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Musk In Talks With Investors To Join His Bid To Take Over Twitter: Report

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OPINION: This article may contain commentary which reflects the author's opinion.


Tesla CEO Elon Musk has reportedly spoken with other investors about joining his bid to purchase Twitter. This comes a week after he formally offered last week to completely buy Twitter for just over $40 billion.

“One possibility, the sources said: teaming with private-equity firm Silver Lake Partners, which was planning to co-invest with him in 2018 when he was considering taking Tesla private. Silver Lake’s Co-CEO Egon Durban is a Twitter board member and led Musk’s deal team during the 2018 failed effort to take Tesla private, sources said. Silver Lake declined to comment,” the New York Post reported.

“For its part, Twitter on Friday adopted a so-called poison pill — a corporate move that prevents Musk from acquiring more than 15% of the company. But that pill may not stop other entities or people from acquiring their own shares of up to 15% of the company. Those owners could partner with Musk to force a sale, make changes in the executive ranks or push for other overhauls of the company,” the report added.

“This is not over,” a source told the New York Post.

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A report from Business Insider details how Musk has three viable options moving forward.

“Now that Twitter has adopted a poison pill to prevent a hostile takeover of the company, Elon Musk has three pathways forward, according to a Monday note from Wedbush. Musk made an unsolicited bid for Twitter at $54.20 per share last week, representing a total market valuation of about $43 billion. That was after he acquired more than 9% of the company and toyed with the idea of joining the company’s board of directors,” the report began.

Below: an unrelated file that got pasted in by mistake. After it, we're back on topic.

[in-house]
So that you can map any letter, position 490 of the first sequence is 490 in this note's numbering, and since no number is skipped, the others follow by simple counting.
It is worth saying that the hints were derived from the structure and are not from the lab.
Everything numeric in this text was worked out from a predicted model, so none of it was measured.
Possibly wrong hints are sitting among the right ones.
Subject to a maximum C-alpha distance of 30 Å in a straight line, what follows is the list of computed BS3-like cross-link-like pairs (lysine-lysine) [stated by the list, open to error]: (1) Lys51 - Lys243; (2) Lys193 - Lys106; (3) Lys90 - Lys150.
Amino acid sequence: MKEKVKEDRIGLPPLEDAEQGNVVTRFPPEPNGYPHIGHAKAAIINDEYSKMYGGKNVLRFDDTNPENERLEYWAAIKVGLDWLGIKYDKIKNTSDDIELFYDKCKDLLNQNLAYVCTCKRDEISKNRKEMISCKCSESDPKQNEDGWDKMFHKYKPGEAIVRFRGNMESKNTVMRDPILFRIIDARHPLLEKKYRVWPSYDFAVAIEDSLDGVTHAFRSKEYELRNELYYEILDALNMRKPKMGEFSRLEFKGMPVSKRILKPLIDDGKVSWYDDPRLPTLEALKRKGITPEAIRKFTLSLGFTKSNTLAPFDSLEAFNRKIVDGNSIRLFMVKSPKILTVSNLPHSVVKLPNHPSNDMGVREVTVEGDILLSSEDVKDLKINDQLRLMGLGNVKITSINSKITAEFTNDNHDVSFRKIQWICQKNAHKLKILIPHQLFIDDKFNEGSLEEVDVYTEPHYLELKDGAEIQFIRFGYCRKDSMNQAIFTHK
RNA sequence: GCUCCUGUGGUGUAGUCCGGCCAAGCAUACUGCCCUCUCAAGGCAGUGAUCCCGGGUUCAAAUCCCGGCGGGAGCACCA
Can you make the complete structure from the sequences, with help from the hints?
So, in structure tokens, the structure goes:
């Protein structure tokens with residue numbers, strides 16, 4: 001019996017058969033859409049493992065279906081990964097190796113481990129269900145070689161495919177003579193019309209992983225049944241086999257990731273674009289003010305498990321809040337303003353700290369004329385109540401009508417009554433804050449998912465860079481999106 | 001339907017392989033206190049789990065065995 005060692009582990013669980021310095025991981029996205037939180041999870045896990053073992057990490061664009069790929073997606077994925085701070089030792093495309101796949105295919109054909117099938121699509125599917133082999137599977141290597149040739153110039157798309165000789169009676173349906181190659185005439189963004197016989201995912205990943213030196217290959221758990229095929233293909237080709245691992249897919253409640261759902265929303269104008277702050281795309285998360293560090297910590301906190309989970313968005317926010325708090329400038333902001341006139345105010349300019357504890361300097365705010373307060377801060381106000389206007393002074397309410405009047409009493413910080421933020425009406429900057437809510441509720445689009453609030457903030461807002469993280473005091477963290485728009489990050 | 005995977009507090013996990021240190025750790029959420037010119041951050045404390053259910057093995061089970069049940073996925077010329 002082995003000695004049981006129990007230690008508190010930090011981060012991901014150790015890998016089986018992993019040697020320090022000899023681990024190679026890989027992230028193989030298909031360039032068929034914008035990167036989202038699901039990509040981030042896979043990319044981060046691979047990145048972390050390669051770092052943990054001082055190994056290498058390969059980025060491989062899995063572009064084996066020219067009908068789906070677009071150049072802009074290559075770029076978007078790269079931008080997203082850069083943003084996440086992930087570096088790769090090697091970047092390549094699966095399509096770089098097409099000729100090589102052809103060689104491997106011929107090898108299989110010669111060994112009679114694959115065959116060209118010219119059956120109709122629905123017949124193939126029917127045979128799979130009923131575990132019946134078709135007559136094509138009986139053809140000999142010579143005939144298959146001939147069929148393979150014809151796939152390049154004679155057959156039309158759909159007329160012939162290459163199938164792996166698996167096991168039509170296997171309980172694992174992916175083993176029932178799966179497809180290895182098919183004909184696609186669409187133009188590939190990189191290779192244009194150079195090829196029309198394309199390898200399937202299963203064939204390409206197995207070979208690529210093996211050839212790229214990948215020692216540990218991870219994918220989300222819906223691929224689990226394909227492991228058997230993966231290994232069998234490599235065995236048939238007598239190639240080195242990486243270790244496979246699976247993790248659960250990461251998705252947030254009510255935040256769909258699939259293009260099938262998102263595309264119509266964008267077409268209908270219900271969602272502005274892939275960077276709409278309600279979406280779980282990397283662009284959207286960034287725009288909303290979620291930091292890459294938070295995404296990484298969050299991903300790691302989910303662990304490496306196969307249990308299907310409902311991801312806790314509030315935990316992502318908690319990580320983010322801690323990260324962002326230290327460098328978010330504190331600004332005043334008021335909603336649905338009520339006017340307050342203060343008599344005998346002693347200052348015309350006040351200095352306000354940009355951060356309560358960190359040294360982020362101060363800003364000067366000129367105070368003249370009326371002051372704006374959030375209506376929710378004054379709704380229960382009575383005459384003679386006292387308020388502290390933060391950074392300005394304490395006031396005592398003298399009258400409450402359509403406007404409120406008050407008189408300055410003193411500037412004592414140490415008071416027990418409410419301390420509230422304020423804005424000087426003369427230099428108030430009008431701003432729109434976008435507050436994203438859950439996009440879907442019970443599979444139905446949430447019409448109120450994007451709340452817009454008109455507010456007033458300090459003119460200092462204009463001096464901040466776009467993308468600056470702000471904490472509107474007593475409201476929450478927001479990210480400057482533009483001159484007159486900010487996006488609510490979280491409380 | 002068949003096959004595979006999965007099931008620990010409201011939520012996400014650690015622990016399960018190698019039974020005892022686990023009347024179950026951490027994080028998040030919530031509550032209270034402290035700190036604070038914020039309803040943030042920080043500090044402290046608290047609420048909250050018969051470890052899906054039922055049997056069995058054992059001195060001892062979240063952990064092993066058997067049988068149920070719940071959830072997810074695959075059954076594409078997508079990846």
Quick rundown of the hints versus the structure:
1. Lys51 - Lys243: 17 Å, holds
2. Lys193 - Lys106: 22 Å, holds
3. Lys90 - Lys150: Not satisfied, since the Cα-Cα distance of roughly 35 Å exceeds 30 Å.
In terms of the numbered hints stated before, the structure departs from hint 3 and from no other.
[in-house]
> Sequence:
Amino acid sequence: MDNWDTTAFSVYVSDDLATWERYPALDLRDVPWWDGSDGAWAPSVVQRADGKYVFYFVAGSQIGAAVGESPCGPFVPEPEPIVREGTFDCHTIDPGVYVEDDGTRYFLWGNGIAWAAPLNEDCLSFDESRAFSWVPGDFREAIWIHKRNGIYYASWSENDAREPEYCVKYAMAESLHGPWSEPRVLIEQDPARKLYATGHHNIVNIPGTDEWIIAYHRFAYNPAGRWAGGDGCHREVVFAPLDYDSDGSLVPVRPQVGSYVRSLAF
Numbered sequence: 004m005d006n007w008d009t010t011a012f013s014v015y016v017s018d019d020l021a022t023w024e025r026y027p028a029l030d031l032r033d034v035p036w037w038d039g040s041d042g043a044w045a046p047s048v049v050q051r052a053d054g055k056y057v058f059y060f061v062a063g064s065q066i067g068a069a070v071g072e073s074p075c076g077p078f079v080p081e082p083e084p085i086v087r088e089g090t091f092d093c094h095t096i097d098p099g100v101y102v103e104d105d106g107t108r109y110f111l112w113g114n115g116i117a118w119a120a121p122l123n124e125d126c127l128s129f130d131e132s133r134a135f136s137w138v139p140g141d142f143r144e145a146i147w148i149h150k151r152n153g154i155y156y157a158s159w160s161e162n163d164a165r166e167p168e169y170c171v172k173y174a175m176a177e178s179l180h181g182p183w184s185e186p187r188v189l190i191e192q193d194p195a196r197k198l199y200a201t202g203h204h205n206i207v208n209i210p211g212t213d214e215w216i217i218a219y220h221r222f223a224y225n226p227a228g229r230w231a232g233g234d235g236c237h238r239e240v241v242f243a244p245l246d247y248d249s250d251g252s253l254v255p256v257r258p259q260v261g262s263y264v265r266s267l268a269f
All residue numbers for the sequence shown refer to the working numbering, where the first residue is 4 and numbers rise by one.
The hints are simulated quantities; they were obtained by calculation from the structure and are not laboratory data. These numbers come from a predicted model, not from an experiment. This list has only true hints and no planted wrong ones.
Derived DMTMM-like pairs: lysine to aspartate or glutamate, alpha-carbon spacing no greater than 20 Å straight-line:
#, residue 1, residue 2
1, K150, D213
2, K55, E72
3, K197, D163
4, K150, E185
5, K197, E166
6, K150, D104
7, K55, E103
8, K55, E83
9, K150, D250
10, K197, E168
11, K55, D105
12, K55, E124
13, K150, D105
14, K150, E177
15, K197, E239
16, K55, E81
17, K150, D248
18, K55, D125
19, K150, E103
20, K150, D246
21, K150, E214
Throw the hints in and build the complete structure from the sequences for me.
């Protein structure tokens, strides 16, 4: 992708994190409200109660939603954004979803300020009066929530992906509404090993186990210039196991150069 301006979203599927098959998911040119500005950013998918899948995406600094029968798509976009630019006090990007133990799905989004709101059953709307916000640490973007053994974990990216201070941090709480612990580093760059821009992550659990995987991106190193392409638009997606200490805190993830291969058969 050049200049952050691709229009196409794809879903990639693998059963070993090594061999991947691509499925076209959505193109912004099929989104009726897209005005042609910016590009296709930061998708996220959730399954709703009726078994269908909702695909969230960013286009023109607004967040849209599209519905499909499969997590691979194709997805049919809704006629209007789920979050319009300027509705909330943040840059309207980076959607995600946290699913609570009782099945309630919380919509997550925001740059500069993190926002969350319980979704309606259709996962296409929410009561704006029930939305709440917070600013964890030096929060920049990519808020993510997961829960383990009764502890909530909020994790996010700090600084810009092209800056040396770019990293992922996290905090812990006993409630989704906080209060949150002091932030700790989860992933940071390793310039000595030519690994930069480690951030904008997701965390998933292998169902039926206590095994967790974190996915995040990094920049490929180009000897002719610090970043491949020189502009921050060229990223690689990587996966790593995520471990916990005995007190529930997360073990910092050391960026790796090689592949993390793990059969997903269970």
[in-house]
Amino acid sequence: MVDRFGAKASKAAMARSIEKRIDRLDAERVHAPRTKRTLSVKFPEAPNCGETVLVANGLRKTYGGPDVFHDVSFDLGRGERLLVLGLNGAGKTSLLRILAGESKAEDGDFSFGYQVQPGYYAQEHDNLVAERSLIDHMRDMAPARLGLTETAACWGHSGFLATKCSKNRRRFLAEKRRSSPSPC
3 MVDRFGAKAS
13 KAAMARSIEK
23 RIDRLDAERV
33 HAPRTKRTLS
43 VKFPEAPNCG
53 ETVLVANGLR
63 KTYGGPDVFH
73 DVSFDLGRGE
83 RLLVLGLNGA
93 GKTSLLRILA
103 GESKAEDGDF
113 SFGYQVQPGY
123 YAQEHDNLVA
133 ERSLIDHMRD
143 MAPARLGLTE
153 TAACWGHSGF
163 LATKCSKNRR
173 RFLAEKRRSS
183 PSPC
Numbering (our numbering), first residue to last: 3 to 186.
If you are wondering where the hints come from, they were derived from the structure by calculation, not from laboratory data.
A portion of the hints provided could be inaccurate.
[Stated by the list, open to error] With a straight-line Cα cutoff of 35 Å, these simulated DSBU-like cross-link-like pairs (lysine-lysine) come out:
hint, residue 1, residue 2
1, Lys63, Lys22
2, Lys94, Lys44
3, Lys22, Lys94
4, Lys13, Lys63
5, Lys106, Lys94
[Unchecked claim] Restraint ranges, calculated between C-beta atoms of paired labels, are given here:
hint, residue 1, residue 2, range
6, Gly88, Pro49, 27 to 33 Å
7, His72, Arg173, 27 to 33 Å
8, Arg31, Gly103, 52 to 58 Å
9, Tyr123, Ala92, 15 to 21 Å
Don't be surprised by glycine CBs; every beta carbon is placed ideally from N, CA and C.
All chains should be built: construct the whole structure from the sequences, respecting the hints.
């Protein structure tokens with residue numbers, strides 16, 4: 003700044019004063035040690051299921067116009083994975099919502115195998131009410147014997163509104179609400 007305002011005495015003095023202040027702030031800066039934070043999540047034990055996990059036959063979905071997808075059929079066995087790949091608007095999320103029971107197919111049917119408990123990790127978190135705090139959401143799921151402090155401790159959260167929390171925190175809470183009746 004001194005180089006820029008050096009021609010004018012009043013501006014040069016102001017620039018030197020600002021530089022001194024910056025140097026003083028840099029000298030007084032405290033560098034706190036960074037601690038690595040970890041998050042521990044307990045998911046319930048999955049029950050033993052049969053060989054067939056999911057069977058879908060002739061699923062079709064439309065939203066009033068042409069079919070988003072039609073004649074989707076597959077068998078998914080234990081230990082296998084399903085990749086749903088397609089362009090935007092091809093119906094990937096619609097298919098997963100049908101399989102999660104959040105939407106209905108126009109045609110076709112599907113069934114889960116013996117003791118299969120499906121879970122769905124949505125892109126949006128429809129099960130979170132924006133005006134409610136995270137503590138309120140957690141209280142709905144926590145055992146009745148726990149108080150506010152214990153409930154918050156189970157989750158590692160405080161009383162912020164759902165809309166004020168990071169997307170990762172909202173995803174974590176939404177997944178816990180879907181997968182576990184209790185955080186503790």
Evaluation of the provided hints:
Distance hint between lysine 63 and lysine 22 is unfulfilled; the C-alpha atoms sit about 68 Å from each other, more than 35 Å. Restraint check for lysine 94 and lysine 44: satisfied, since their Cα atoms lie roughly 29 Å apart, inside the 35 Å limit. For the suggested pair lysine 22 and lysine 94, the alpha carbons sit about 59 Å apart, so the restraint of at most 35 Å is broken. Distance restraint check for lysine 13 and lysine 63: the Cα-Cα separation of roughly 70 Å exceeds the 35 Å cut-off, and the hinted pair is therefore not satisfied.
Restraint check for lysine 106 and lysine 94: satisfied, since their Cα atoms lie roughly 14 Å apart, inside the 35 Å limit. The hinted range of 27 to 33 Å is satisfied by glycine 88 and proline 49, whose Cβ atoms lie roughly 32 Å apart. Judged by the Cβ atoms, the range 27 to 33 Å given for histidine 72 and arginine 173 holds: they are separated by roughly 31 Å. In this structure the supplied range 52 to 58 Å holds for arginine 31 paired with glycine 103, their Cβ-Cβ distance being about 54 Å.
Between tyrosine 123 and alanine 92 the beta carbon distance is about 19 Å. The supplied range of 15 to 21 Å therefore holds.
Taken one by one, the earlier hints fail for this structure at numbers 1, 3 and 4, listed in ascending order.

“But since Twitter adopted a poison pill, Musk tweeted “Love me tender,” hinting at the possibility of a tender offer to take over the company and sidestep the adopted poison pill. According to Wedbush analyst Dan Ives, he can now formally lay out his financing strategy, which would likely include taking on debt with his Tesla and SpaceX stakes as collateral, as well as a vision for the social media company going forward. That vision could entice investors who have seen virtually no return in the stock since it went public,” the report stated.

A second path for Musk would be to find a strategic partner for the bid and increase it to about $60 per share, “which seems to be a more appropriate level in the eyes of many Twitter shareholders that could get the deal over the goal line,” according to Ives.

“The third option would be for Musk to hit the sell button and exit his position which we view as unlikely (at this point),” Ives said. But all of these pathways could change if a separate interested party steps into the takeover of Twitter.

“In a nutshell, this week is very important for all the parties involved in this Twitter soap opera with time to get out the popcorn,” he concluded.

During a TED talk last week, host Chris Anderson asked Musk if there was a “Plan B” if his current offer to buy Twitter in an all-cash deal were rejected.

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“There is,” Musk said.

“Well, I think we would want to err on — if in doubt, let the speech — let it exist. If it’s a gray area, I would say let the tweet exist. But obviously, in a case where there’s perhaps a lot of controversies that you would not want to necessarily promote that tweet, you know. So, I’m not — I’m not saying that I have all the answers here, but I do think that we want to be just very reluctant to delete things and have — just be very cautious with permanent bans. You know, timeouts, I think, are better than sort of permanent bans,” he continued.

“But just in general, like it said, it won’t be perfect, but I think we wanted to really have like the perception and reality that speech is as free and reasonably possible, and a good sign as to whether there is free speech is, is someone you don’t like allowed to say something you don’t like? And if that is the case, then we have free speech. And it’s damn annoying when someone you don’t like says something you don’t like. That is a sign of a healthy, functioning free speech situation,” he added.

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